Israel’s far-right national security minister Itamar Ben-Gvir entered the Al-Aqsa Mosque compound in occupied East Jerusalem in a move Palestinians called a “deliberate provocation”, ignoring warnings from Israeli politicians that his appearance at the holy site would inflame tensions.
Ben-Gvir said he would not “surrender to the threats of Hamas” after the Palestinian group warned that his entrance to the site on Tuesday would cross a “red line”.
The minister, widely regarded as a provocateur, has previously called for the displacement of Palestinians.
Let’s take a look at why his entrance to Al-Aqsa Mosque compound is so controversial:
* The Al-Aqsa Mosque compound (also known as al-Haram al-Sharif by Muslims and the Temple Mount by Jews) is a wide, walled plaza in the heart of the Old City in occupied East Jerusalem. It incorporates the Al-Aqsa Mosque and the Dome of the Rock.
* It is considered holy by both Muslims and Jews and is a Palestinian national symbol.
* One of the walls of the compound, the Western Wall – also referred to as the Wailing Wall or the Buraq Wall – is a holy site for Jewish prayer. Jews pray undisturbed on the side of the wall that is outside the compound.
* Israel has occupied East Jerusalem since 1967. The occupation is illegal under international law.
* The compound has been managed continuously by Muslims, under a waqf (religious endowment), for hundreds of years.
* The Jordanian-funded waqf has continued to administer the site since 1967, while Israel has security control. Under a longstanding agreement, the status quo of the site only permits Muslim prayer, and visits from non-Muslims are only permitted at specific times.
* As a site that carries religious and national significance, Palestinians are alert to any attempts to change the status quo of Al-Aqsa.
* The increased number of ultranationalist Jews entering the compound, and the frequent storming of the site by Israeli security forces, including inside the prayer hall of Al-Aqsa Mosque, has increased Palestinian anger.
* Confrontations between Israeli security forces and settler groups on one side and Palestinians on the other have occurred numerous times over the past two years, particularly following storming incidents in Al-Aqsa.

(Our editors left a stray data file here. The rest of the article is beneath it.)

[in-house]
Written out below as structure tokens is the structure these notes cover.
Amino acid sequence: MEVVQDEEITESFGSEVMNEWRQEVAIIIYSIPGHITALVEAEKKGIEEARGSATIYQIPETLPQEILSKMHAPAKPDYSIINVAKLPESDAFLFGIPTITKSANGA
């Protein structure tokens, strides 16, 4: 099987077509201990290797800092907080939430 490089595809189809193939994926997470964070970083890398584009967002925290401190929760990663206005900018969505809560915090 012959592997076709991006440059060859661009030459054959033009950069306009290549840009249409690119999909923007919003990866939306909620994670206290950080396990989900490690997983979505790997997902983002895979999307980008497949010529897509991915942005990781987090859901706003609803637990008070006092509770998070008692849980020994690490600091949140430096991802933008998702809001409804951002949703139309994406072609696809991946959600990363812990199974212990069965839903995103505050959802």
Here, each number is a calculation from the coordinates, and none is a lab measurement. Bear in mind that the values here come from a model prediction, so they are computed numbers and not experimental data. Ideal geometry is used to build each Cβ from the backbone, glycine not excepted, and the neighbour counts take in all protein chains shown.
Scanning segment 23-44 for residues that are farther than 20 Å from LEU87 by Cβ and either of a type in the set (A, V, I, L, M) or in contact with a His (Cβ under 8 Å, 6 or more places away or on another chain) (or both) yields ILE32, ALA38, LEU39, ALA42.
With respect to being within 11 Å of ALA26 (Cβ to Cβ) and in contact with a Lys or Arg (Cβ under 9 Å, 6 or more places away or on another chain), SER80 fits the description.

* Palestinians see Al-Aqsa as one of the few national symbols that they retain some element of control over. They are, however, fearful of a slow encroachment by Jewish groups akin to what has happened at the Ibrahimi Mosque (Cave of the Patriarchs) in Hebron, where half of the mosque was turned into a synagogue after 1967, which has gradually increased in size.
* Palestinians are also worried about far-right Israeli movements that seek to demolish the Islamic structures in the Al-Aqsa Mosque compound and build a Jewish temple in their place.
* Traditionally, ultra-Orthodox Jews, including senior religious authorities, have considered it religiously impermissible to enter the Al-Aqsa Mosque compound, let alone pray in it. This is because they consider the site too holy for people to step on.
* Ultranationalist Jews have increasingly attempted to pray in the compound, despite it being forbidden by Israeli authorities.
* Last May, an Israeli court upheld the ban after it was contested by three Jewish youths who had received a restraining order after praying at the site.
* However, Israeli security forces have often turned a blind eye to “silent” prayer by Jews being escorted by police at Al-Aqsa.
* Ben-Gvir is part of Israel’s “Religious Zionist” ideological movement, which emerged in an attempt to reconcile religious Jews and Zionism. Many religious Jews were suspicious of Zionism’s secular influences.
* He is also part of a growing movement in Israel that has challenged the traditional Jewish restrictions on prayer at Al-Aqsa and instead wants to encourage it.
* As a member of Israel’s far right, Ben-Gvir was seen by many Israeli politicians as too extreme to work with, but Prime Minister Benjamin Netanyahu was forced to seek allies from the far right, including Ben-Gvir, when many in Israel’s political mainstream opposed him.
* Ben-Gvir’s position in government, which includes control over the Israeli police, highlights the strength of the “Religious Zionist” movement, which wants to maintain and expand Israeli control over the occupied Palestinian territory.
* Ben-Gvir has been convicted for racist incitement against Arabs and support for “terrorism”. He has also expressed support for Baruch Goldstein, an Israeli American who killed 29 Palestinians at the Ibrahimi Mosque in 1994.
* Hamas spokesman Hazem Qassem told Al Jazeera that Ben-Gvir’s “storming” of Al-Aqsa was “a continuation of the Zionist occupation’s aggression against our sanctities and its war on their Arab identity”.
* While general calls for a Palestinian response were made, no group has specifically called for attacks on Israeli targets yet.
* Analysts believe that Hamas and Fatah are keen to avoid an armed confrontation with Israel, with Netanyahu in a similar position.
* However, tensions in the occupied West Bank in particular could escalate, amid continued Israeli raids that made 2022 the deadliest year for Palestinians in the territory since 2006, and the growth of new armed Palestinian groups.
* Israel’s opposition leader and former prime minister Yair Lapid had warned on Monday that Ben-Gvir’s planned entrance to the compound would lead to violence, and called it a “deliberate provocation that will put lives in danger”.